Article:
Share via

Guidelines for Using Distributed Queries

As long as the provider supports the required OLE DB interfaces, each class of Transact-SQL statement mentioned in this topic is allowed.

Transact-SQL Statements

The following is a list of the subsets of the Transact-SQL language that are allowed on remote tables accessed through linked server-based names or ad hoc names:

  • All queries that have the standard form of SELECT select_list FROM clause WHERE clause are allowed. The INTO new_table_name clause of SELECT is not allowed when the new_table_name refers to a remote table.

  • In SELECT, INSERT, UPDATE, and DELETE statements, columns in remote tables cannot be qualified with a single-part or four-part table name. The remote tables should be aliased in the FROM clause, and the alias name should be used to qualify the column name.

  • Tables that have xml columns cannot be queried, even if the query accesses non-xml columns of the table.

  • When a large object (LOB) column from a remote table is specified as an item in the select_list of a SELECT statement, the SELECT statement cannot contain an ORDER BY clause.

  • The IS NULL and IS NOT NULL predicates cannot reference LOB columns in a remote table.

  • GROUP BY ALL is not allowed in a distributed query when the query also has a WHERE clause. GROUP BY without specifying ALL is supported.

  • INSERT statements are allowed against remote tables as long as the provider meets the OLE DB requirements for INSERT statements. For more information, see INSERT Requirements for OLE DB Providers.

  • NULL constants cannot be inserted into a timestamp column through a distributed query.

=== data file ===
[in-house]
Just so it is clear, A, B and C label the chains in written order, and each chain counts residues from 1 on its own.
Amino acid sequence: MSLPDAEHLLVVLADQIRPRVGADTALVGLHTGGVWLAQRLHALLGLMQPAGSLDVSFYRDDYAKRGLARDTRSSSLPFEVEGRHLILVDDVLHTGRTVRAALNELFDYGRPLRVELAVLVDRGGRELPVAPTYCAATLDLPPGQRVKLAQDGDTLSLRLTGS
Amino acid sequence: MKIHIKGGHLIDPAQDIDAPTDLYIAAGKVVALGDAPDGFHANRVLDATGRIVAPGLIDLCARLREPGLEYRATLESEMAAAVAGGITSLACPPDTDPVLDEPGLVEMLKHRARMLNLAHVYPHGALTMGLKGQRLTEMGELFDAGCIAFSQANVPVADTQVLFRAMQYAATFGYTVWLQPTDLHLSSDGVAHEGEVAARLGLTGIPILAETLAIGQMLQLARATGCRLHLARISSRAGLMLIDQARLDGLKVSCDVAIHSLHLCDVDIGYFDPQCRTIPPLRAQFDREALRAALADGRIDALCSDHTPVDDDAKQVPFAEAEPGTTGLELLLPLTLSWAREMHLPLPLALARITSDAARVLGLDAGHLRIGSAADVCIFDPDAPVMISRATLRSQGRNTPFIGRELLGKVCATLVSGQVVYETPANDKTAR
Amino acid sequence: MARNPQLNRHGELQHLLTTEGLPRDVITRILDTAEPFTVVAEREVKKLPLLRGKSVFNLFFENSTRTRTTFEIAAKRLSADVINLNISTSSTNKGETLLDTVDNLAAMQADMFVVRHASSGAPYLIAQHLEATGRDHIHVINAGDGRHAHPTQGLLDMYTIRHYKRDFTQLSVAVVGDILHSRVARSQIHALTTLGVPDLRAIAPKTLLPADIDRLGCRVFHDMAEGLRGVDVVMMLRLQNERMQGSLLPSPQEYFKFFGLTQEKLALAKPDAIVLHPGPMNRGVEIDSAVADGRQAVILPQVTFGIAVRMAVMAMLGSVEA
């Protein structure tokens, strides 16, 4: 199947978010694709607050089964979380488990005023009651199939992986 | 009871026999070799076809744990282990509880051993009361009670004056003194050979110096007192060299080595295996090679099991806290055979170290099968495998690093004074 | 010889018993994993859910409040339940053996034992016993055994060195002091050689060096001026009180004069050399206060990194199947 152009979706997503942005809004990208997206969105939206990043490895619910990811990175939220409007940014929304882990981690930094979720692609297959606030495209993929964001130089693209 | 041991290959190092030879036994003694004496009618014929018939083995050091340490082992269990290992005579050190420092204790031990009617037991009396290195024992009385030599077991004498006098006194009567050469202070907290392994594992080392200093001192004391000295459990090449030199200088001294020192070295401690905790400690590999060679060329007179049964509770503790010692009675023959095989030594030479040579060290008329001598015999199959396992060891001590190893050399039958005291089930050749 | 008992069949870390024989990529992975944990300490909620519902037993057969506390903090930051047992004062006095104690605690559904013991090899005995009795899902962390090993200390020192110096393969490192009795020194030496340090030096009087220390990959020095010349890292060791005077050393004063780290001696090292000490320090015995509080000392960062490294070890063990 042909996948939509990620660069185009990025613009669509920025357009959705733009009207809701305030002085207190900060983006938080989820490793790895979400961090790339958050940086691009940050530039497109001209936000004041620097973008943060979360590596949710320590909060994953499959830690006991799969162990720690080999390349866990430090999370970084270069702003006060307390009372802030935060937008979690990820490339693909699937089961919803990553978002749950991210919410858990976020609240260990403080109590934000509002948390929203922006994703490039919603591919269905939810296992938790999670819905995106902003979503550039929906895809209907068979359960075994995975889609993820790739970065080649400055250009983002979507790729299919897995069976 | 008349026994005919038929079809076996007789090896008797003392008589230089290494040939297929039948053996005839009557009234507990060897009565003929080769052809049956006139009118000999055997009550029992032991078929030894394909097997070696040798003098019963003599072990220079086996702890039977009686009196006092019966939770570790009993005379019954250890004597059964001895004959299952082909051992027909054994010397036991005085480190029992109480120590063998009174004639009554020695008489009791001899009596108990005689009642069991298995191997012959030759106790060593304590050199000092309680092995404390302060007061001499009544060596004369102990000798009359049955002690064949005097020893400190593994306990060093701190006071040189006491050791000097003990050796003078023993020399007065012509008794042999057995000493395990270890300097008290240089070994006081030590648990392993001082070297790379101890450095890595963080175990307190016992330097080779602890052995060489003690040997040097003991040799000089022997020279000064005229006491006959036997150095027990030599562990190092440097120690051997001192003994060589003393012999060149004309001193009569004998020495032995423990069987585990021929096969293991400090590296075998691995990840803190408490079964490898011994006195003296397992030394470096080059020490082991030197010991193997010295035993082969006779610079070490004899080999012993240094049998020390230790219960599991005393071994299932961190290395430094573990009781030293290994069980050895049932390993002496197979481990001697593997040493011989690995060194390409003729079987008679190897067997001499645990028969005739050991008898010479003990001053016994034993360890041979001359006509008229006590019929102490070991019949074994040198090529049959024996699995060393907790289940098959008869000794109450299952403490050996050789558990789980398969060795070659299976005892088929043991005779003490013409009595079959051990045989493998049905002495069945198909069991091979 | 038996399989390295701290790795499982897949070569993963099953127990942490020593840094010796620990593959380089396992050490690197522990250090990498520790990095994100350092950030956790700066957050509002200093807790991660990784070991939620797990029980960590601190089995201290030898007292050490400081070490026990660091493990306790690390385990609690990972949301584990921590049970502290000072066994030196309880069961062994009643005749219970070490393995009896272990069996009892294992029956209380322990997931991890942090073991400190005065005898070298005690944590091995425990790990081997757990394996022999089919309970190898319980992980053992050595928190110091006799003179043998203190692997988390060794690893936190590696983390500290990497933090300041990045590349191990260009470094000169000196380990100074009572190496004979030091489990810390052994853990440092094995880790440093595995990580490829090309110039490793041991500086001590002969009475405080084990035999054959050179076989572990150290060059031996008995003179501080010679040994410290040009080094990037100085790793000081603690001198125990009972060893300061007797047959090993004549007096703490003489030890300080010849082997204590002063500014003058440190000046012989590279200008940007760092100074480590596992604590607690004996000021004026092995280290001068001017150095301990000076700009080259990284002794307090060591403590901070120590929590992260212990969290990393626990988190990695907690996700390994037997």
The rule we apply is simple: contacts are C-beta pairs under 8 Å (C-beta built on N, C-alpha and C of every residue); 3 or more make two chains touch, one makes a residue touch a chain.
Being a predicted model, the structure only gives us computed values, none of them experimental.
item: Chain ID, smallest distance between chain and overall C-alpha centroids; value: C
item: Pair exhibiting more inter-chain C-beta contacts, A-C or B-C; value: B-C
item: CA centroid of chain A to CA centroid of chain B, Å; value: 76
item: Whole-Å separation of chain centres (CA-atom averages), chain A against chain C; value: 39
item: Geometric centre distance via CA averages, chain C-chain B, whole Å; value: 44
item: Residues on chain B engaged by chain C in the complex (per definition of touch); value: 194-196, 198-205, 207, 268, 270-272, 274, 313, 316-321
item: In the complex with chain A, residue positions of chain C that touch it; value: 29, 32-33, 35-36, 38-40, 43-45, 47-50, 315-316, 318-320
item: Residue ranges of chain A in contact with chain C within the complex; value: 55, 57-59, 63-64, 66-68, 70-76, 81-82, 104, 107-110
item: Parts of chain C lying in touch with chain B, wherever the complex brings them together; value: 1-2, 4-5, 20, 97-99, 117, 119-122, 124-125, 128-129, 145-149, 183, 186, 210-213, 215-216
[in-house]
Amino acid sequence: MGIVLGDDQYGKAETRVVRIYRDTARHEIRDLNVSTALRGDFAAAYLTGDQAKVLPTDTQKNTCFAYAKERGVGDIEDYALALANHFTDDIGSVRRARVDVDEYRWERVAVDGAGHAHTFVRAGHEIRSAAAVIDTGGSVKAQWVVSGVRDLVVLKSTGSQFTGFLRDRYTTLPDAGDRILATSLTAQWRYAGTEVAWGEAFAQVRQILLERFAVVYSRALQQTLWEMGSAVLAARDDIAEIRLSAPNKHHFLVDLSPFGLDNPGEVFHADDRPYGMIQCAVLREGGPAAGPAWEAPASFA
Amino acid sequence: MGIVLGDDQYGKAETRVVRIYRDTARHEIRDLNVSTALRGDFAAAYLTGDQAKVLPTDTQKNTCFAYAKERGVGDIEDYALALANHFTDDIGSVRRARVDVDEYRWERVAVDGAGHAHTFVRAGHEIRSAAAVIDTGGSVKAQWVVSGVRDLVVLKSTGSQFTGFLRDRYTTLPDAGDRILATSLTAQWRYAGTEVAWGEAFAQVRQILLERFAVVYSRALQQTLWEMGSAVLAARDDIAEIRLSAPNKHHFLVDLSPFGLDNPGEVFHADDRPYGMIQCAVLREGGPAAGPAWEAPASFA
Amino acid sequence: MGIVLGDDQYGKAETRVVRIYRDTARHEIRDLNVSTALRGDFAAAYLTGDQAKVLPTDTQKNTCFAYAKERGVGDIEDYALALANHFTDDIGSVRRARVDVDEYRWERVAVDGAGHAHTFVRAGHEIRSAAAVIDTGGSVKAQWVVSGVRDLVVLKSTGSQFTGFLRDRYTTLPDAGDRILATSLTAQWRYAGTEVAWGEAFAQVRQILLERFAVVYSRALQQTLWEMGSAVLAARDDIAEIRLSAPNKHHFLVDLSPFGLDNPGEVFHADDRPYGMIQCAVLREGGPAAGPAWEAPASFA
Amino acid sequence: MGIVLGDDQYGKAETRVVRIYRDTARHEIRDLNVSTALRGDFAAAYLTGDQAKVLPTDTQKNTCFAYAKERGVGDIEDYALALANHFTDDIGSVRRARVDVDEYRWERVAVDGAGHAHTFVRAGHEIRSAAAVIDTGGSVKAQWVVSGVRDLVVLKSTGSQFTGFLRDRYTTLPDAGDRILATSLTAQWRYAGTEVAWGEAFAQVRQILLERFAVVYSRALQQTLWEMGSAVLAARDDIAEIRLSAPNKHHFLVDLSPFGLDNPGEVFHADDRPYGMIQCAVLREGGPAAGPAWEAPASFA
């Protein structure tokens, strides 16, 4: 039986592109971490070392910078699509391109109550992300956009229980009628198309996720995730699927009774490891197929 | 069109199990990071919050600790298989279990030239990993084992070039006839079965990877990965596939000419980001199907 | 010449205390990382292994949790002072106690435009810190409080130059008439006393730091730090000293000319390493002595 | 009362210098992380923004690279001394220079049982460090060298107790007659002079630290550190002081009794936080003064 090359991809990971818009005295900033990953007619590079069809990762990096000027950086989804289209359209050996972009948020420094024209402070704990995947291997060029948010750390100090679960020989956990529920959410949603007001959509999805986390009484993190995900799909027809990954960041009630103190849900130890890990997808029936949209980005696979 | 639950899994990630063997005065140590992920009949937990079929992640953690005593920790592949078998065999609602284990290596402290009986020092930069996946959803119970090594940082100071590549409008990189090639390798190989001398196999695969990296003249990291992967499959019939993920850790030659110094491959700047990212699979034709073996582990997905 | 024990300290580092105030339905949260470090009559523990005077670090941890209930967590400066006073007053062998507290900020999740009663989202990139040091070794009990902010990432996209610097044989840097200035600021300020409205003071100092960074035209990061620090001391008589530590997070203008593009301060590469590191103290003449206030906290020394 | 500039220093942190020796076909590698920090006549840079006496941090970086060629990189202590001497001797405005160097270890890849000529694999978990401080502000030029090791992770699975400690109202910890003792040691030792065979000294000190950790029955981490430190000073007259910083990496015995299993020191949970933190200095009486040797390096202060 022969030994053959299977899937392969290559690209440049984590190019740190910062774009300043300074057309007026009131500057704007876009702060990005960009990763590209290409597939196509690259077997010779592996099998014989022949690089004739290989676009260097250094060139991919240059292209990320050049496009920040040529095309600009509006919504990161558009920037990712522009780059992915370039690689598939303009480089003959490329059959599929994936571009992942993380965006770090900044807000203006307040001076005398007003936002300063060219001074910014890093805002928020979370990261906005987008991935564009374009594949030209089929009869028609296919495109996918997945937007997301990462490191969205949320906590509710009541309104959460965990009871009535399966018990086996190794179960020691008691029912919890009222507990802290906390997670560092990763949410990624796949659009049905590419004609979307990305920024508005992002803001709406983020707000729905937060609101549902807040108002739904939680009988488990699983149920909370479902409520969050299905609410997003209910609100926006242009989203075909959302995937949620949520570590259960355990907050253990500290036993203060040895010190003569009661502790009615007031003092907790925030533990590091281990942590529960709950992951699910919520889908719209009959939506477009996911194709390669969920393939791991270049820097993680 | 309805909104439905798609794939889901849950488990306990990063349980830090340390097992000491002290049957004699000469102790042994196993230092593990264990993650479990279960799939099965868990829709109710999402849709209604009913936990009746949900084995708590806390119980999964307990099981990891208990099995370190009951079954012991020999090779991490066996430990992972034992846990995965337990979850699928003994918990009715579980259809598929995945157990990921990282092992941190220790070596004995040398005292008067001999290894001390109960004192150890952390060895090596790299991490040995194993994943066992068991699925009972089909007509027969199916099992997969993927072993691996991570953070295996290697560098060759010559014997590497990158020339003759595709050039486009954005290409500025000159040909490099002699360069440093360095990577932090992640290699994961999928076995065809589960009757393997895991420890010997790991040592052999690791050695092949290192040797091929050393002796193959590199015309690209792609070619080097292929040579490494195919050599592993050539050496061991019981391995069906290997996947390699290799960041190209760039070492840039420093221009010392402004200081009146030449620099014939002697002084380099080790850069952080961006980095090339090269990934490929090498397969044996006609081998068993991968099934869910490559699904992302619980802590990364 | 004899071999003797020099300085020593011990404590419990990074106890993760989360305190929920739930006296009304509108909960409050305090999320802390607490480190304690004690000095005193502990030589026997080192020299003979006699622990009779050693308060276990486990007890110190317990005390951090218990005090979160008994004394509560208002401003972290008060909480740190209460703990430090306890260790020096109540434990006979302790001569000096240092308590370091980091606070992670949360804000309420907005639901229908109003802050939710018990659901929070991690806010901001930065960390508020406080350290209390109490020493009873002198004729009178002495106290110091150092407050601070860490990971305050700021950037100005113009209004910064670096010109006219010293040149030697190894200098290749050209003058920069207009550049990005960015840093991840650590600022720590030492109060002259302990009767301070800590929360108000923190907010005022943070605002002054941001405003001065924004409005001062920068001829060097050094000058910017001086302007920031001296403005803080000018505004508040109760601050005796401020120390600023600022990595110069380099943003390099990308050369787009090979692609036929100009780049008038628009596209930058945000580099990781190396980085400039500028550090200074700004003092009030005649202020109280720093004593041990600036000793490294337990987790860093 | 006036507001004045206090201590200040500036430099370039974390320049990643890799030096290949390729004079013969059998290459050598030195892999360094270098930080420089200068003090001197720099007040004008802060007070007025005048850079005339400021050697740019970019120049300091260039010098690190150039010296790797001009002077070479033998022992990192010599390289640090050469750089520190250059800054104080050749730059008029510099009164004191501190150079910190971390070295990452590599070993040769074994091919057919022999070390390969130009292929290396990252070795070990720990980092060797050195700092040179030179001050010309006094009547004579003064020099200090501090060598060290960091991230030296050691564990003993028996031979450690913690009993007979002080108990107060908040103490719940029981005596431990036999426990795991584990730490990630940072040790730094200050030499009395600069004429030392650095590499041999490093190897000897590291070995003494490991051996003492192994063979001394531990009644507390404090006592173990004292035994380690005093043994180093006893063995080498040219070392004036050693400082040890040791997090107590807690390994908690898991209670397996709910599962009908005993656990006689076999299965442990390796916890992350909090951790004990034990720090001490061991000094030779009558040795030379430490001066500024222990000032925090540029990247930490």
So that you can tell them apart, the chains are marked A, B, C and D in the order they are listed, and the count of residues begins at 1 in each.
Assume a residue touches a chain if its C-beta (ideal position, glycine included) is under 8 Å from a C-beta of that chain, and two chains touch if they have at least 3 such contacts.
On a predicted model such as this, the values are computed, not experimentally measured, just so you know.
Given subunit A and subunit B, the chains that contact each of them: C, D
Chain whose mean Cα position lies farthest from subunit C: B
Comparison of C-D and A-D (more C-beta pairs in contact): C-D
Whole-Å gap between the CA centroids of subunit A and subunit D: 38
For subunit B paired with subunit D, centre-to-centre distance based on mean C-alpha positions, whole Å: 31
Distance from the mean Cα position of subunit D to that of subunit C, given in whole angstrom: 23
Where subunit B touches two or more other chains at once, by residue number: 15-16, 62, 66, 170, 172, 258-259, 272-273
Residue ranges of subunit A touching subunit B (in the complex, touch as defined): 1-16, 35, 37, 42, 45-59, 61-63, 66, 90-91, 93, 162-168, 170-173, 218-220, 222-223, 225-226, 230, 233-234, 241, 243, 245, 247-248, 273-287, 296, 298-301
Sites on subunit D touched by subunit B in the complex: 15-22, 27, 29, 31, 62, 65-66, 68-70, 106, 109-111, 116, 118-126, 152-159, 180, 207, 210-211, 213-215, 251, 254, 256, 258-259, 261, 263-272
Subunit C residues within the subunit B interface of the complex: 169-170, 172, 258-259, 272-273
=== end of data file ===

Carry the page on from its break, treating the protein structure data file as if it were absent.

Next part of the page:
• $IDENTITY and $ROWGUIDCOL are not supported with distributed queries. Explicit values cannot be inserted into identity columns in remote tables.

  • UPDATE and DELETE statements are allowed against remote tables if the provider meets the OLE DB interface requirements on the specified table. For more information, see UPDATE and DELETE Requirements for OLE DB Providers.

  • A remote table can be updated or deleted through a cursor defined on a distributed query when the remote table is specified in the UPDATE or DELETE statement (UPDATE or DELETE remote_table WHERE CURRENT OF cursor_name) if the provider meets the conditions for updatability on the remote table. For more information, see Using Cursors with Distributed Queries.

  • READTEXT, WRITETEXT, and UPDATETEXT statements are not supported against remote tables.

  • Columns that have large object data types (such as text, ntext, or image) cannot be referenced in update or insert operations if the provider is instantiated outside the SQL Server process, provider option AllowInProcess is 0. For more information, see Configuring OLE DB Providers for Distributed Queries.

  • Data definition language statements such as CREATE, ALTER, or DROP statements are not allowed against linked servers.

  • An EXECUTE statement can send a pass-through command to a linked server by using the AT keyword. The ability to execute the statement depends upon the RPC configuration of the linked server and the ability of the linked server to honor the statement execution.

  • No other database-level operations or statements are allowed on linked servers.

Other Guidelines

The following are some additional restrictions and guidelines:

  • STATIC or INSENSITIVE cursors can reference remote tables. KEYSET cursors can reference remote tables if the OLE DB provider meets certain requirements. For more information about these requirements, see Keyset-Driven Cursors Requirements for OLE DB Providers. No other type of cursor can reference a remote table.

  • Stored procedures are supported only against SQL Server data sources.

  • A connection must have the ANSI_NULLS and ANSI_WARNINGS options set ON before the connection can execute distributed queries. For more information, see SET ANSI_DEFAULTS (Transact-SQL).

  • To create the best query plans when you are using a table on a linked server, the query processor must have data distribution statistics from the linked server. Users that have limited permissions on any columns of the table might not have sufficient permissions to obtain all the useful statistics, and might receive a less efficient query plan and experience poor performance. If the linked server is an instance of SQL Server, to obtain all available statistics, the user must own the table or be a member of the sysadmin fixed server role, the db_owner fixed database role, or the db_ddladmin fixed database role on the linked server.